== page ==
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Spending Beyond Compare

Omkar Goswami

Well, well, well. In its last year of its being in power, the Congress-led UPA government has finally blown it. The fiscal deficit has gone through the roof. By its own admission, the central government’s fiscal deficit for 2008-09 will be 6 per cent of GDP — up from 2.7 per cent in 2007-08. Add an extra 1.8 per cent on account of ‘special securities’ issued by the centre to additionally subsidise fertilisers and oil, and another 3.5 per cent of GDP as the combined deficit of the states, and we are staring at a consolidated fiscal deficit of 11.3 per cent of GDP. I will bet that when the actual data arrives, the consolidated fiscal deficit for 2008-09 will cross 12 per cent of GDP.

These numbers probably make no difference to most in the Congress and the UPA who believe that that they can spend their way to winning the next elections. But these should have made Dr. Manmohan Singh and Mr. P. Chidambaram cringe. Both know the ill effects of running high deficits. Both have had to work hard to bring them down in their times at the Ministry of Finance. And both know how difficult it is rein in profligacy, especially in weak coalition governments.

In fact, the numbers must be particularly galling to Mr. Chidambaram. Having worked tirelessly at bringing down the central government’s above-the-line fiscal deficit from almost 5 per cent of GDP in 2003-04 to 2.7 per cent for 2007-08, he must be wincing at it shooting up to 6 per cent — plus an extra 1.8 per cent on account of below-the-line items. He had suffered opprobrium and brickbats within his party and among his allies as he brought the deficit down, year by year. And then, when he had almost breasted the finishing tape, the ground gave way under his feet.

I can’t help feeling sorry for him. On 29 February 2008, when he sat down after his 2008-09 budget speech, Mr. Chidambaram thought he had a winner. The budget took the wind out of the opposition’s sails, won kudos from industry, and bequeathed bounties to all segments of society that mattered for the forthcoming election. Here was a reformer committed to inclusive growth and, through huge hikes in social expenditure programmes, was returning to the masses what was a bit of their just dues. The beauty of it was his claim that, despite all the additional expenditure, the cash fiscal deficit of the centre would be at 2.5 per cent of GDP.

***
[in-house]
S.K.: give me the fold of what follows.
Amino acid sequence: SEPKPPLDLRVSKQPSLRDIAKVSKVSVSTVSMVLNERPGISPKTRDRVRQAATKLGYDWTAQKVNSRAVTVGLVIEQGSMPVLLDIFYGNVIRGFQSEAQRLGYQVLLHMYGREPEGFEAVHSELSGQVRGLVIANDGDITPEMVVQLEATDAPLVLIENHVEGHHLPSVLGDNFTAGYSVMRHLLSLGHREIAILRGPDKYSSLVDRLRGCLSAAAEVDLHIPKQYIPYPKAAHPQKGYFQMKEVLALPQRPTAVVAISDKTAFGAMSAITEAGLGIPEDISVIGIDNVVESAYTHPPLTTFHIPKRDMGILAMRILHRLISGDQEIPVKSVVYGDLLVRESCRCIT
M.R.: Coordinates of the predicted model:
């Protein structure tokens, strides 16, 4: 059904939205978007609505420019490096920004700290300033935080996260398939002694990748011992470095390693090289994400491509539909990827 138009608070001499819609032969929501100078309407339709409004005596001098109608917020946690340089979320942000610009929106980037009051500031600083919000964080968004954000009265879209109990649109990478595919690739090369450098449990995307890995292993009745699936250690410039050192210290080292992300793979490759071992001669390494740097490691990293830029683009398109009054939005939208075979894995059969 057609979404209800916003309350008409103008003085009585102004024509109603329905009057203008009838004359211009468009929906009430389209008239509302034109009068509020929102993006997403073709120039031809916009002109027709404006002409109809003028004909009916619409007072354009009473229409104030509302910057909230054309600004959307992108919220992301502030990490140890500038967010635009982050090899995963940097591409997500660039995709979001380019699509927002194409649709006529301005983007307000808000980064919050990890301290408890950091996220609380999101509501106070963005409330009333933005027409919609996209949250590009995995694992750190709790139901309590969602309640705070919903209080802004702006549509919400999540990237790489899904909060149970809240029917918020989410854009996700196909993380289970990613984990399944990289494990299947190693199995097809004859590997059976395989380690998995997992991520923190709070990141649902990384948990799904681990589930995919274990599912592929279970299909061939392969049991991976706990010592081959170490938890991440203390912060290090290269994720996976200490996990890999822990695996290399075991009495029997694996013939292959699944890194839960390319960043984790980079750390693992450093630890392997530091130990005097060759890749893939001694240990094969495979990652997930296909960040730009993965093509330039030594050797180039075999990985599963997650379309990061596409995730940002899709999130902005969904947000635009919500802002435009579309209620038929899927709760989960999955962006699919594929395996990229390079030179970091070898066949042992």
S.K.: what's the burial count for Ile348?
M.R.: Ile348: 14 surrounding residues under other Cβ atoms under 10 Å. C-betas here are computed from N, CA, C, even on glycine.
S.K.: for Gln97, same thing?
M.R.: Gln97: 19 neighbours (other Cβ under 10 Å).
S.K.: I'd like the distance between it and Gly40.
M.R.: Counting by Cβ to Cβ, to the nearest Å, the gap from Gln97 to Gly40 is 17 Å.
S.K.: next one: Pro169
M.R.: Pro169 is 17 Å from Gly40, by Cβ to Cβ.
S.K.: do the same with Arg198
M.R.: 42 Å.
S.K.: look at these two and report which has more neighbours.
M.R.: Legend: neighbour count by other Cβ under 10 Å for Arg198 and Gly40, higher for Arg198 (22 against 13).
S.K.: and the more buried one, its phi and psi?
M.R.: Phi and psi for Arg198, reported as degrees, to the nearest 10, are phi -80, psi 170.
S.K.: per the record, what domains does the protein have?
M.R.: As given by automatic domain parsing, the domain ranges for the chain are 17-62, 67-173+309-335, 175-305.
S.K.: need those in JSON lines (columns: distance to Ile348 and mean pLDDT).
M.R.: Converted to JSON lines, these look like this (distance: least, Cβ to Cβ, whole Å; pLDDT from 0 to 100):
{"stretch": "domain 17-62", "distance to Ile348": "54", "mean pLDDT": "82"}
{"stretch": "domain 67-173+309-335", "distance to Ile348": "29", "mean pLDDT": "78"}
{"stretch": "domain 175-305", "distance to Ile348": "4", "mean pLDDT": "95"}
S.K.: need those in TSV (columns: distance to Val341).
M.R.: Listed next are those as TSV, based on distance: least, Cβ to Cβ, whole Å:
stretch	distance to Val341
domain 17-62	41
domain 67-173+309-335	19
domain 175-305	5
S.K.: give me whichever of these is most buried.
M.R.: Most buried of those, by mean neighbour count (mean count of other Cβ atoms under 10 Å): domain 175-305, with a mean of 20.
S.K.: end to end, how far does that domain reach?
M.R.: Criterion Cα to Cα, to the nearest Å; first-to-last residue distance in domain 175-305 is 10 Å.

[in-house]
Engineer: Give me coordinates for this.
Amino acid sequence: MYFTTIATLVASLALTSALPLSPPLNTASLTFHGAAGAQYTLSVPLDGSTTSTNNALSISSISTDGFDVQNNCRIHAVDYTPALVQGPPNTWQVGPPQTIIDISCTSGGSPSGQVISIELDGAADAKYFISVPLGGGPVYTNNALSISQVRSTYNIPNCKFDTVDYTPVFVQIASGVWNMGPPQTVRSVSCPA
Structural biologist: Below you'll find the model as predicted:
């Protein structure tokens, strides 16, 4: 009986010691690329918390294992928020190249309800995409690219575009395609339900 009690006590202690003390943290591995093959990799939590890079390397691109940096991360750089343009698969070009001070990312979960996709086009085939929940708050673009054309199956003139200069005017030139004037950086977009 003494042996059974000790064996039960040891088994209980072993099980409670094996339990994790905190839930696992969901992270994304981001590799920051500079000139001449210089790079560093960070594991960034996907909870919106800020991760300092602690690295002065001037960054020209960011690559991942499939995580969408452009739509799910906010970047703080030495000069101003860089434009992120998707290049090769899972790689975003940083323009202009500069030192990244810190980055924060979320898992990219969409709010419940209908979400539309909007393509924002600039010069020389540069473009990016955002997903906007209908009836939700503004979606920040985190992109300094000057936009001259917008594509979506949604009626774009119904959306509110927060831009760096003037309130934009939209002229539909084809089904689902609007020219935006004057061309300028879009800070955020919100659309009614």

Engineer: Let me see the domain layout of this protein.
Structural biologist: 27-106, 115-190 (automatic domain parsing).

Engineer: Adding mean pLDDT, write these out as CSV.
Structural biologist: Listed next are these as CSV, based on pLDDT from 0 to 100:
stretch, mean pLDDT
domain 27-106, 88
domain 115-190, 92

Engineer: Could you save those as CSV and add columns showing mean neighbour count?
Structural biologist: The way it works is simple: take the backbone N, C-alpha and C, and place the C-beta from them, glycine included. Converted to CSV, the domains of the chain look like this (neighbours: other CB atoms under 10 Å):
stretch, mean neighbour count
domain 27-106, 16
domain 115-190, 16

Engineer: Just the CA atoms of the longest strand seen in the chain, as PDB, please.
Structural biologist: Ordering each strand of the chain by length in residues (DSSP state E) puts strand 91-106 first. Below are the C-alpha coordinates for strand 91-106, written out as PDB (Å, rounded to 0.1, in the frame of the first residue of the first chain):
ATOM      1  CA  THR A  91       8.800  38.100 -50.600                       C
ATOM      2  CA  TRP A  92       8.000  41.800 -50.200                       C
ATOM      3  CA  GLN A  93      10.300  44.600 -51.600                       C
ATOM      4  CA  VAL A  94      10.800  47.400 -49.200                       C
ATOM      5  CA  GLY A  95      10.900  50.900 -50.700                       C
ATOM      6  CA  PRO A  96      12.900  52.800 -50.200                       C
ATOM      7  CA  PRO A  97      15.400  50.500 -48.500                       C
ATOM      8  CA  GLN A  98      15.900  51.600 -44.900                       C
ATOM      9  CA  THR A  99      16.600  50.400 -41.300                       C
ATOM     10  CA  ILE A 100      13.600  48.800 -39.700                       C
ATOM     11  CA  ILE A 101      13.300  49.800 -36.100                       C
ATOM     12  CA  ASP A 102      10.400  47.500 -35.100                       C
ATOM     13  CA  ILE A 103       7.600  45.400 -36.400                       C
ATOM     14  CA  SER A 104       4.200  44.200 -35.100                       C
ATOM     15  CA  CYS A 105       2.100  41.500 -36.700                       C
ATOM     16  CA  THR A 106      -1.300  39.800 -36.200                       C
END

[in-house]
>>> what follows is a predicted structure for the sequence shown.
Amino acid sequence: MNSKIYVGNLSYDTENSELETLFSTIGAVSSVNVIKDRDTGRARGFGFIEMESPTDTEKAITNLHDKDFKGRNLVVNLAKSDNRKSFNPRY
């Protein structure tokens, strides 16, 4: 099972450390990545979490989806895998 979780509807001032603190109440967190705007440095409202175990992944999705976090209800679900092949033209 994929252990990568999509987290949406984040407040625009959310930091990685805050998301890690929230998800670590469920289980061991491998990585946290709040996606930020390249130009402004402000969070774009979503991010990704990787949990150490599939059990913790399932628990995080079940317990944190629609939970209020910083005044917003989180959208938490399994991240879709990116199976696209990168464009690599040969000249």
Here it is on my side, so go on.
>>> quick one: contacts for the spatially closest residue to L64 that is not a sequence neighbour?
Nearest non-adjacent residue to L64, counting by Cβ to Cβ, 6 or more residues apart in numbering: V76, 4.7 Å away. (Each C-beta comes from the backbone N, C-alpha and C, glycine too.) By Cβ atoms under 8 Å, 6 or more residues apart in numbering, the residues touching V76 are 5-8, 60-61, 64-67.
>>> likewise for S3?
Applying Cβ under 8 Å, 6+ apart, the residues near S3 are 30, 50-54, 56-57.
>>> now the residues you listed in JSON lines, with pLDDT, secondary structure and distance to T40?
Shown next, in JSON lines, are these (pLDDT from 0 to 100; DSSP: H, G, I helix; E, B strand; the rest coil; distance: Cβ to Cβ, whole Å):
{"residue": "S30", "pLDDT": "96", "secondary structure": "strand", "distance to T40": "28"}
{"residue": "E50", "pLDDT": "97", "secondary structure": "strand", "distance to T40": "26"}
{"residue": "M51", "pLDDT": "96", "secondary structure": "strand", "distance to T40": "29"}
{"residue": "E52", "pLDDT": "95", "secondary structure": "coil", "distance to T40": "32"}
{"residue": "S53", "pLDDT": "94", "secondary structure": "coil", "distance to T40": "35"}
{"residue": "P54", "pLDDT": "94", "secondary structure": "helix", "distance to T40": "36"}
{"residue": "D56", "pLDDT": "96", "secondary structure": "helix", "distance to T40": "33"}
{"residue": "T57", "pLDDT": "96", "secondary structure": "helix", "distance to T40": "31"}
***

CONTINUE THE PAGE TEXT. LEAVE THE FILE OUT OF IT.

At the core of the 2008-09 budget were some big bets: that GDP growth would not slow down; that huge expenditure outlays and loan relief would further stimulate domestic demand; and that excise relief would ignite further growth of manufacturing.

I had written then in this column, “While mega-Keynesian budgets like this get scores of 9 out of 10 in the heady moments, they have a habit of getting unstuck”. That’s what happened with falling growth; lower than expected revenue receipts; and way higher than budgeted expenditure, especially on account non-plan items such as burgeoning food and fuel subsidies. The cash deficit ballooned to 6 per cent of GDP — instead of the budgeted 2.5 per cent.

Don’t think of this as the cost of kick-starting the economy through the two stimulus packages of December 2008 and January 2009. Those won’t account for an extra 1.5 percentage points of GDP. It is all about the growth bet going horribly wrong, and along with it the assumptions regarding the buoyancy of tax revenues. The 2008-09 budget had precious little room for manoeuvre. India had to achieve at least 8.5 per cent GDP growth and deliver around 20% increase in revenues for the deficit to be around 2.5 per cent. It hasn’t happened. And nobody dared pull the plug on spending. Indeed, John Maynard Keynes was invoked by all and sundry based on a facile assumption that we could spend our way out of trouble, irrespective of what we spent it on.

Where now? I’m afraid that we are in very dangerous territory. With the combined deficit set to breach 12 per cent of GDP, we are looking at a heavy borrowing programme that will put upward pressure on interest rates — forcing the RBI’s hands to further cut the repo rate and the CRR. We are also looking at under 7 per cent GDP growth in 2008-09, and probably 6 per cent growth the next year. And a very unruly, fractured coalition government. So, all the good work done by Mr. Chidambaram has been wrecked by electoral profligacy. And will remain wrecked for the next couple of years. Because spending your way out of trouble carries more dangers than realised. And because diabetics should never be allowed to keep their hands in the cookie jar.

Published: Business World, March 2009


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